The main purpose of this project has four parts: (a ) to explain, through the development of an econometric model for Hong Kong, the key factors behind the growth of the employment in different sectors of the economy; (b) to project long-term future employment in different industry sectors for a period up to 30 years; (c) to produce ling-term forecasts for GDP and its major components for a forizon up to 30 years; and (d) to perform simulation analysis using policy instruments such as population, tourist arrivals, GDP of the Chinese mainland, world trade volume, and government expenditure on infra-structure. (SS04857)



  • Does Hold-Up Lead to Vertical Integration? A Case Study on the Licensing of Amusement Game Centers in Hong Kong

  • NG Ka Ho
    1 January 2008
    CUHK Research Committee Funding (Direct Grants)

    Operating an amusement game center in Hong Kong requires a license, an asset that is extremely site-specific but sometimes very expensive to acquire. Given that rental contracts in Hong Kong typically lasts for 3 years with future rent usually subject to negotiation, the operator does not have much protection on his substantial up-front investment on the license, a typical problem of hold-up. We therefore expect to see operators owning their sites too. Surprisingly, this is not usually the case. It suggests that businesses must employ some ways to mitigate the hold-up problem they face. This project aims at exploring the role of two major elements in solving hold-up: 1) the investing party’s ability to alter the return of its own investment; and 2) the fact that it takes time to realize returns. The license requirement of amusement game centers and their rental contracts therefore present a unique opportunity for conducting the studies. (SS07455)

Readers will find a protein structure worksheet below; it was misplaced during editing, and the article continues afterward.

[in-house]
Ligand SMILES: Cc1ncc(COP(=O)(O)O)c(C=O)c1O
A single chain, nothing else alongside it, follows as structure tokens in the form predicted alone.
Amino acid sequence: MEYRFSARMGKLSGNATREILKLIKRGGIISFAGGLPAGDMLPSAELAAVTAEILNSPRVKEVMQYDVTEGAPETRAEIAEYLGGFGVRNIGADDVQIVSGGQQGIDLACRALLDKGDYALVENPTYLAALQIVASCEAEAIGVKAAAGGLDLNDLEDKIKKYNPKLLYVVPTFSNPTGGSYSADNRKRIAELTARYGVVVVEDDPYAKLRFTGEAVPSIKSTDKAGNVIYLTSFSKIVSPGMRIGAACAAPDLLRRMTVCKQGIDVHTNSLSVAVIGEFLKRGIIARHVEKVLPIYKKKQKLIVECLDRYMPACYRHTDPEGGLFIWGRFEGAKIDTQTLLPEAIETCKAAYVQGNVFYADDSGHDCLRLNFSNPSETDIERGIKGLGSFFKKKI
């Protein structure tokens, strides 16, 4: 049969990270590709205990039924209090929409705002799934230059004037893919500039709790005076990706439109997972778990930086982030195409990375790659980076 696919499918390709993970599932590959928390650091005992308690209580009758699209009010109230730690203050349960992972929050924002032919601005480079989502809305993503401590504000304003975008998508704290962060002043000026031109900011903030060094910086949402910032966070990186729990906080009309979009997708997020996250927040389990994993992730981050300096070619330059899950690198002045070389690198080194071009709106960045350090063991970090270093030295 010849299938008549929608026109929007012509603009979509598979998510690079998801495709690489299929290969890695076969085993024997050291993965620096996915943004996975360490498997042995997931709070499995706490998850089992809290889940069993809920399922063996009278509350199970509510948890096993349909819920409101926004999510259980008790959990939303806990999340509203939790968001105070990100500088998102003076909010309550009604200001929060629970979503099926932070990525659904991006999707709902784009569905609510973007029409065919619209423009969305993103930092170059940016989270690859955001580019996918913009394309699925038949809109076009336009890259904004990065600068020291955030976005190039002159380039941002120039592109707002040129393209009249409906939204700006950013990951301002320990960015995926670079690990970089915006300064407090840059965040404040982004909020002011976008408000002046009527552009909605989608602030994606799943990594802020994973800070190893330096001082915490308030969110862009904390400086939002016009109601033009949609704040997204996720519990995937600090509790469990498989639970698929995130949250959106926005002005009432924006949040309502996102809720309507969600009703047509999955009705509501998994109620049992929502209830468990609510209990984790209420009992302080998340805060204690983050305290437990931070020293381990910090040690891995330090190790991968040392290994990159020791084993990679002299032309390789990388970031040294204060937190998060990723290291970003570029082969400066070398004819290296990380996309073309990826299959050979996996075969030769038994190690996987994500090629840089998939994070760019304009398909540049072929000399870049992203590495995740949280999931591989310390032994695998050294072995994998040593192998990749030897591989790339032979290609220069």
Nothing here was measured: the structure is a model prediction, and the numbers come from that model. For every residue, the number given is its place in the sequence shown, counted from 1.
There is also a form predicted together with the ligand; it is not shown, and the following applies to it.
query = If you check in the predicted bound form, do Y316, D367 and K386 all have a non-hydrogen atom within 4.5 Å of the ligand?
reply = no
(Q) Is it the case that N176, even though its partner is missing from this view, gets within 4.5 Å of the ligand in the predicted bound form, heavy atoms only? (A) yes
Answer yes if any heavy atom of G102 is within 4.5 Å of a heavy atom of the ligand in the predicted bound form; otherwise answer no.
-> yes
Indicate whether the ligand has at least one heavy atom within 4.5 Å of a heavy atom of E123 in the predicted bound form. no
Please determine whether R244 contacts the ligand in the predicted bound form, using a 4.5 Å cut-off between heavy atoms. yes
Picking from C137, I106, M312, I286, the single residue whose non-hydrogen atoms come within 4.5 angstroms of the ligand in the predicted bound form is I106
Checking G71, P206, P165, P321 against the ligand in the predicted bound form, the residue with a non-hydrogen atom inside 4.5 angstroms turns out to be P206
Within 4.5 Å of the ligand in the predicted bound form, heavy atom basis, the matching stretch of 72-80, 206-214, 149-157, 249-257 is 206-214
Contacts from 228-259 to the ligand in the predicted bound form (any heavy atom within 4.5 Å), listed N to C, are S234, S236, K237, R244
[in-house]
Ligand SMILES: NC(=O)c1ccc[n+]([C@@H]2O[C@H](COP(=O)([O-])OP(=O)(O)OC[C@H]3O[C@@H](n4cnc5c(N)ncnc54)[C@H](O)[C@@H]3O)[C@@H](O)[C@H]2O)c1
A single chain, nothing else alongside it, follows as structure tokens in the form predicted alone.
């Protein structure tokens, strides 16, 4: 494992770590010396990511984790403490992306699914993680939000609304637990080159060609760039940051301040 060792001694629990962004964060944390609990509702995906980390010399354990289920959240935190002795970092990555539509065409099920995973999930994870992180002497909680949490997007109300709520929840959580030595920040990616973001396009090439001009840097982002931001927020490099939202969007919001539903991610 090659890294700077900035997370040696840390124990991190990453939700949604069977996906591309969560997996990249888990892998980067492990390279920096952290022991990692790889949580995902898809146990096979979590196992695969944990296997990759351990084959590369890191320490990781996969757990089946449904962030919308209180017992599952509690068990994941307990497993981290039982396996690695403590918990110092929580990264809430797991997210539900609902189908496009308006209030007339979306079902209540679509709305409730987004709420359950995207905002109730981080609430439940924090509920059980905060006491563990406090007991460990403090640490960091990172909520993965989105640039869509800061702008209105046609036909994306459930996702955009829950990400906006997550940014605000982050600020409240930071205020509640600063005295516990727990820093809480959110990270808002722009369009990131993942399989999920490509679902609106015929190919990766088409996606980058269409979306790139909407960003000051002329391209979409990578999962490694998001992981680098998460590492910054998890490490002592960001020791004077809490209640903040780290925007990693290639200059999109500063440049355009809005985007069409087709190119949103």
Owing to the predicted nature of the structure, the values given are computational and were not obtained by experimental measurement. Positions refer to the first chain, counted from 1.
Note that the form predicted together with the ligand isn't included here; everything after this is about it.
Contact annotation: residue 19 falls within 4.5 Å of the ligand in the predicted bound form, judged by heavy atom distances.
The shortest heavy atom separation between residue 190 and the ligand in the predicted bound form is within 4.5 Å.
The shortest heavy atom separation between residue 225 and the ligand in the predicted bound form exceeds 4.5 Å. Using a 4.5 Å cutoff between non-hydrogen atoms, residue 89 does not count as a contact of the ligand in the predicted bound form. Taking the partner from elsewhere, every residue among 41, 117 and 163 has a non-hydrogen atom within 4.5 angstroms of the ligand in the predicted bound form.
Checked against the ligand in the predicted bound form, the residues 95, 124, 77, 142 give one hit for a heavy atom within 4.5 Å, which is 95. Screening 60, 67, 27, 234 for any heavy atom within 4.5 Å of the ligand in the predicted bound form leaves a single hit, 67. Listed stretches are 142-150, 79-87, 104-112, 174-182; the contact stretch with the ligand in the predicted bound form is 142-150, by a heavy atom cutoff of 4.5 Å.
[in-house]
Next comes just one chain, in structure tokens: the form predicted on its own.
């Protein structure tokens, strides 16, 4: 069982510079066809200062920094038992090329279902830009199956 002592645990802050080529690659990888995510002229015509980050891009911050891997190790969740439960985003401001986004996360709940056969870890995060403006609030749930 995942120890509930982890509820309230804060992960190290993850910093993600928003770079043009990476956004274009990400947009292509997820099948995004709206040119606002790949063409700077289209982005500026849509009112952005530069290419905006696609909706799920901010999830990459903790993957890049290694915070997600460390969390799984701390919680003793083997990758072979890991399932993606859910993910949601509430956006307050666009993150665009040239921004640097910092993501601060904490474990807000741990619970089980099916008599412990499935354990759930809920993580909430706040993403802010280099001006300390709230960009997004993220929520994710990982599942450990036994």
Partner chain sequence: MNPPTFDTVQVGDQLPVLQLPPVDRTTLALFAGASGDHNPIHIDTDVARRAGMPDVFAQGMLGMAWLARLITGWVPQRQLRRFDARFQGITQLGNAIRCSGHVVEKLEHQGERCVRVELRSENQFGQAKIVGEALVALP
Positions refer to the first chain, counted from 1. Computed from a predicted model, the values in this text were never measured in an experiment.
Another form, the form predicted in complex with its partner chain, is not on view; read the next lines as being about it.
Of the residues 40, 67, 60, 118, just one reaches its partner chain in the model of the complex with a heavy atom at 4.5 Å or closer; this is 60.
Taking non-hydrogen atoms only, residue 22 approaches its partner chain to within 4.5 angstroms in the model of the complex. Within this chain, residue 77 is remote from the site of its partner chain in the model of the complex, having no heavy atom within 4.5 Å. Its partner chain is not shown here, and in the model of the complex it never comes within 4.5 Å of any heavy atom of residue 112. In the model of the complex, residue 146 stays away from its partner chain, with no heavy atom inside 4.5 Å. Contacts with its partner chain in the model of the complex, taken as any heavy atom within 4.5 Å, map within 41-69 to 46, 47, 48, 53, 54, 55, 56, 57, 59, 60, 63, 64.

• An Economic Analysis of Gender Earnings Gaps in Hong Kong, 1981-2006

  • ZHANG Junsen, LI Hongbin (Centre of Economics and Finance)
    30 September 2006
    Public Policy Research Funding Scheme

    In the past decade there has been an increase in schooling for women in Hong Kong, that has far exceeded that of men. Women have caught up and overtaken men in their secondary educational attainment since the late 1980s, but continue to lag behind in higher educational attainment. In 2003, 19.5 per cent of women aged 15 and over had gained a tertiary education, which is only 3.8 per cent below the figure for men. However, recent empirical studies- show that female workers are still earning less than male workers in Hong Kong. The 2001 Hong Kong Census data reveal that female workers on average earned 23% less than male workers. The stark contrast between the education gap and the earnings gap raises the question of why better educated women are paid less. In an attempt to fill the gap in the literature on gender earnings differentials in Hong Kong, this research proposes to examine gender earnings differentials in terms of observed and unobserved skill differentials and their premiums during 1981-2006, which has been a period of a fast economic structural change in Hong Kong. We will apply three decomposition approaches to study the gender earnings differentials, and in particular will explore whether wage inequality is due to the price effect of unmeasured skills or changes in the composition of the labor force. A better understanding of the male-female earnings gap in Hong Kong may offer useful policy suggestions. (BS06929)